• 4. 5. Utilize Your Existing Prospect Data Many companies fail to make use of the data they have. A company’s prospect database is a continual source of contacts for lead generation initiatives. A good lead generation campaign should revisit people who were contacted in the past but were probably too early in their buying cycle. Keep in mind, however, that these existing contacts are not “leads”—at least not yet. Contacts generated from webcasts, email blasts, and yes, volume-driven telemarketing campaigns aren't leads. These are contacts who were interested enough to respond. Marketing should continue to develop these contacts with permission-based marketing programs. This integrates the company’s marketing leadership into the process of creating selling opportunities for the sales team. Handing these contacts off to the sales force before they’re moderately developed is premature and will most likely fail to get results. Typically the sales people will have a "Glen Garry" reaction after calling a few of these contacts and report back that few are worth pursuing. “Our strategic process incorporates marketing integration, monitoring and measurement,” says Dunne. “Most early contacts are not far enough along in their process to be considered a prospect. What sales might consider a suspect lead is good data for on-going marketing programs.” ”These are the kinds of contacts that are perfect for invitations to seminars, webinars, trade events, social events and road shows” agrees Foran. “Each time the contact accepts an invitation, it indicates continued interest. A company's marketing database is a potent asset and a good list for a lead generation campaign.” 6. Understand Your Lead Generation Targets Greenfield is a term that refers to undeveloped land (see Used in the lead generation context, it means that a company has not developed specific markets and target buyers. All that is known is the general area of buyer influence. Alternatively, a company may know its markets and buyers and already have customers in other regions, but intends to conquer new territories or markets using their existing blueprint. In either case, the goals should be the same; get calls, get online meetings, get appointments. But the approaches will be radically different, and in a Greenfield campaign, will require a seasoned and well-trained caller. “A Greenfield campaign requires an agile caller, able to take direction from the initial contact and turn that into a referral” says Foran. “We recruit experienced sales people, train them in the company’s positioning and products, and coach them through the process.” Once a pattern is established, Foran adds, the productivity of the calls goes up and the client company establishes a repeatable process. 35 Corporate Drive, 4th Floor Burlington, MA 01803 Tel: 1.781.685.2926 Fax: 1.978.824.2301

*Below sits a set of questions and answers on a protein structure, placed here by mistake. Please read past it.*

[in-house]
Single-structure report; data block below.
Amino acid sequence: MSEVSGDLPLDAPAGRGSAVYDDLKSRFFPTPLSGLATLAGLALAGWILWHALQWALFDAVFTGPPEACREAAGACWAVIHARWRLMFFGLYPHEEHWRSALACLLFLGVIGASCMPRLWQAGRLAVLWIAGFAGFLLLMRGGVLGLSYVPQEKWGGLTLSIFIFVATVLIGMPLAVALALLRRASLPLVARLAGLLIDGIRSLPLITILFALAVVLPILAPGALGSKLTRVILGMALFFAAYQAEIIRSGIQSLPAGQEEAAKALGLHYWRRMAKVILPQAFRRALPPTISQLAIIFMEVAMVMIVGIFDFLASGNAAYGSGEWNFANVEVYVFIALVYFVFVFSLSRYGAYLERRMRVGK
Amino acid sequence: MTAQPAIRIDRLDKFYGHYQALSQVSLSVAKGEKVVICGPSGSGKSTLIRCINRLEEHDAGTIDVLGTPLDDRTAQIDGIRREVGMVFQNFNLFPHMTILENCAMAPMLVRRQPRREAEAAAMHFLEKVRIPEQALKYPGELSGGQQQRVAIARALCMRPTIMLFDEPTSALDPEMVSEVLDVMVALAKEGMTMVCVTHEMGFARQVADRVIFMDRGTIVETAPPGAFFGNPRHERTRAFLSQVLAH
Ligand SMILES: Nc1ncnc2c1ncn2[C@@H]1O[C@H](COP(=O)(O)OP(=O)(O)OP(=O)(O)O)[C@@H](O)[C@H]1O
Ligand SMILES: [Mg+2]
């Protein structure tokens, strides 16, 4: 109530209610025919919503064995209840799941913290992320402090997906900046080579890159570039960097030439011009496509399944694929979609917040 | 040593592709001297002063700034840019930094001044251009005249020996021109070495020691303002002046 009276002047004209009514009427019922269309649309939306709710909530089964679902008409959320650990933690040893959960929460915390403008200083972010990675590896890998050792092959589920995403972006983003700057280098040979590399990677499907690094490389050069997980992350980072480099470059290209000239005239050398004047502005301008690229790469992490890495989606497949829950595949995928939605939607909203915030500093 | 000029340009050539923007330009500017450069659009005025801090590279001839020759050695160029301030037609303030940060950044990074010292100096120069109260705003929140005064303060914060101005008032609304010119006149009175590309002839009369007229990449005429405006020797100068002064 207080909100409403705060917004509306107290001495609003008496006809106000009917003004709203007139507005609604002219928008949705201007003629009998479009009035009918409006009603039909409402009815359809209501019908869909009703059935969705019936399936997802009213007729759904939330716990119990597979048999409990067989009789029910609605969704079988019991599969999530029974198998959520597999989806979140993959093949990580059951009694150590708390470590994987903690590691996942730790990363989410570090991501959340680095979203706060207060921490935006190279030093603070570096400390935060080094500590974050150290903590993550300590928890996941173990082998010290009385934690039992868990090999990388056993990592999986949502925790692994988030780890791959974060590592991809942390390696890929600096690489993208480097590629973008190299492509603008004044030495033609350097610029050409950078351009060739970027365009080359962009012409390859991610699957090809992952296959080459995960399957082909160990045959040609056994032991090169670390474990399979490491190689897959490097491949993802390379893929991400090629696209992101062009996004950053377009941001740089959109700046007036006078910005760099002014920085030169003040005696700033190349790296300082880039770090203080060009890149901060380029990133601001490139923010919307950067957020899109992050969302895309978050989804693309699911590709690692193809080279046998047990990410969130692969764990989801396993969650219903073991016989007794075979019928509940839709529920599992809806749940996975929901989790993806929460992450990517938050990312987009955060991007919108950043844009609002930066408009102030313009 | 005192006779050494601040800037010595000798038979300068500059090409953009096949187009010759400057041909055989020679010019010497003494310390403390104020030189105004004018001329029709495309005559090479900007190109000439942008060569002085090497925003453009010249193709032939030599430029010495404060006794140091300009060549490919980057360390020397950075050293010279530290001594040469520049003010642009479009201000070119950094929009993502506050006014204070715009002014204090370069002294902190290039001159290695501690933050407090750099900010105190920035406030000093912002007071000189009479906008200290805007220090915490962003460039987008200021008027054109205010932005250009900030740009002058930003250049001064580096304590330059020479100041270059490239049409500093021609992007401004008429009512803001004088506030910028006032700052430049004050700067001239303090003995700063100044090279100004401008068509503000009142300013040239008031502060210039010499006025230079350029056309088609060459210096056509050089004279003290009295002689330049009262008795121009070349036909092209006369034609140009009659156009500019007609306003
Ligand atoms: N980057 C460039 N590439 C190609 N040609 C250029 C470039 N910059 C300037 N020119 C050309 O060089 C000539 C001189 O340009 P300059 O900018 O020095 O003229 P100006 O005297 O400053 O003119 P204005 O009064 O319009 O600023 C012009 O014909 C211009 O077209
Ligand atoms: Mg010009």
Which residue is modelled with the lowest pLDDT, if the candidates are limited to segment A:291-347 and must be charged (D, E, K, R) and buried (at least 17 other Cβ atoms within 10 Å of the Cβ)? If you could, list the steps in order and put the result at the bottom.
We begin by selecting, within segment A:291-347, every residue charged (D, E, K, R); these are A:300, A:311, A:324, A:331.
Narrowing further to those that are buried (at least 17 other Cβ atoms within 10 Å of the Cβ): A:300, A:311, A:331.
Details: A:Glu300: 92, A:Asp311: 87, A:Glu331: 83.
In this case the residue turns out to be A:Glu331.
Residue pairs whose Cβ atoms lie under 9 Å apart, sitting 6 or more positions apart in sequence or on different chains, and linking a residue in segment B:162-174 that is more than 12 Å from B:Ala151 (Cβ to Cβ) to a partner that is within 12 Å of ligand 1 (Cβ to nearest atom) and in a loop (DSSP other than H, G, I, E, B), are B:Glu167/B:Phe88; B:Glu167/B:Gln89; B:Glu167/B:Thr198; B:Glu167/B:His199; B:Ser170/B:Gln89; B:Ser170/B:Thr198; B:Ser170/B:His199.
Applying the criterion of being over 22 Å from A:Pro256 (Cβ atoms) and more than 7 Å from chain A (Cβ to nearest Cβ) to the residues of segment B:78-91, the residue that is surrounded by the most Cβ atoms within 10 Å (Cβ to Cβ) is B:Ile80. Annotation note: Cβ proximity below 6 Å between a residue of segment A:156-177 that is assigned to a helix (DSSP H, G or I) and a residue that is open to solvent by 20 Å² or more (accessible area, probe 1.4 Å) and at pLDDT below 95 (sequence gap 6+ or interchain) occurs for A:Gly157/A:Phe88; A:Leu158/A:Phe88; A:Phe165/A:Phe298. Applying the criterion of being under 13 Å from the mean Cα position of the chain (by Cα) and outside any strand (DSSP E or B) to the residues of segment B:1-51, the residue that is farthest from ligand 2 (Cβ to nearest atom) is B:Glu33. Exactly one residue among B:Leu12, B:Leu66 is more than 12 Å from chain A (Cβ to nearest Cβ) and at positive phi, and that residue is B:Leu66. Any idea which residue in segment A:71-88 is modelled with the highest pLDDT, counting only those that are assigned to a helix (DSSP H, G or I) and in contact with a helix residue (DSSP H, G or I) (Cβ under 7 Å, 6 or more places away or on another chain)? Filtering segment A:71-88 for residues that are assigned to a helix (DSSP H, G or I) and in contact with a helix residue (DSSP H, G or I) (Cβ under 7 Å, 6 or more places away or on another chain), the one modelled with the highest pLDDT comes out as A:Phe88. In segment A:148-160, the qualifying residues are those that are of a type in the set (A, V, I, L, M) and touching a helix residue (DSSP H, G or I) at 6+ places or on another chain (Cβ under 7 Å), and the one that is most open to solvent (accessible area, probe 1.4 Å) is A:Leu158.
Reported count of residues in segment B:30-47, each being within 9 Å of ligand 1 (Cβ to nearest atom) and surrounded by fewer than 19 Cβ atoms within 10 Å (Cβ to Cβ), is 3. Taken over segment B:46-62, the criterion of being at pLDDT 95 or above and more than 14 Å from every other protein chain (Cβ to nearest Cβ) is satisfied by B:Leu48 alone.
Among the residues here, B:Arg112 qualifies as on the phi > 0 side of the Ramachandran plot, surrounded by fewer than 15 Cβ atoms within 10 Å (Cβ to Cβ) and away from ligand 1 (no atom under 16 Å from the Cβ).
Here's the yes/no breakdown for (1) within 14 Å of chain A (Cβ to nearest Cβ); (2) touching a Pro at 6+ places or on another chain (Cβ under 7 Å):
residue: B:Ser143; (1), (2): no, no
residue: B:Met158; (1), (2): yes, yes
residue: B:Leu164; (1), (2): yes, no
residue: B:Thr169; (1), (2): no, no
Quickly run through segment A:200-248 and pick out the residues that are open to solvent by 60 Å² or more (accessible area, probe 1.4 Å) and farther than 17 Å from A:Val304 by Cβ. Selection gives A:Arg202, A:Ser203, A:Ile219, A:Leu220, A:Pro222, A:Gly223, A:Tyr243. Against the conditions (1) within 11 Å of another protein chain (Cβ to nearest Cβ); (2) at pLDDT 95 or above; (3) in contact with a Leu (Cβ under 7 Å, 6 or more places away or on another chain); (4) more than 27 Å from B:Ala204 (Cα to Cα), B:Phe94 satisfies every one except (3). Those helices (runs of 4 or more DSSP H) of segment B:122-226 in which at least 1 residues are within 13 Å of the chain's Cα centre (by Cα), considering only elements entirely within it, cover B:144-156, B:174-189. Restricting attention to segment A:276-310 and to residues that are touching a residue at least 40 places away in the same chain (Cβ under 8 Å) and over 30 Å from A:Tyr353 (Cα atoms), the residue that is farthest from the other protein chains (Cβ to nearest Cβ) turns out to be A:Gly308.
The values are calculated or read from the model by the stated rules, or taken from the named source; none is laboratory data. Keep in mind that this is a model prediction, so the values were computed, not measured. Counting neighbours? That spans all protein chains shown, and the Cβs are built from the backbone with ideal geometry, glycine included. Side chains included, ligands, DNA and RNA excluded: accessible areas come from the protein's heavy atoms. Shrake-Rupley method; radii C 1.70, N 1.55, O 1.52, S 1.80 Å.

• 5. Summary The goal of lead generation is the creation of more selling opportunities. Therefore, lead generation is a critical subset of a company’s sales and marketing strategy, and must be carefully managed in order to ensure the sales team is in front of qualified buyers, selling and closing. By coupling this process with guidance from and close interaction with senior sales management, companies are able to achieve a much higher productivity rate with their sales programs. About Mansfield Sales Partners MSP is a leader in outsourced sales management and lead generation for early stage companies and companies going through product portfolio changes. Our consultants are determined to help our clients build a scalable, sustainable sales model and drive increased revenue. To learn more, visit the website: 35 Corporate Drive, 4th Floor Burlington, MA 01803 Tel: 1.781.685.2926 Fax: 1.978.824.2301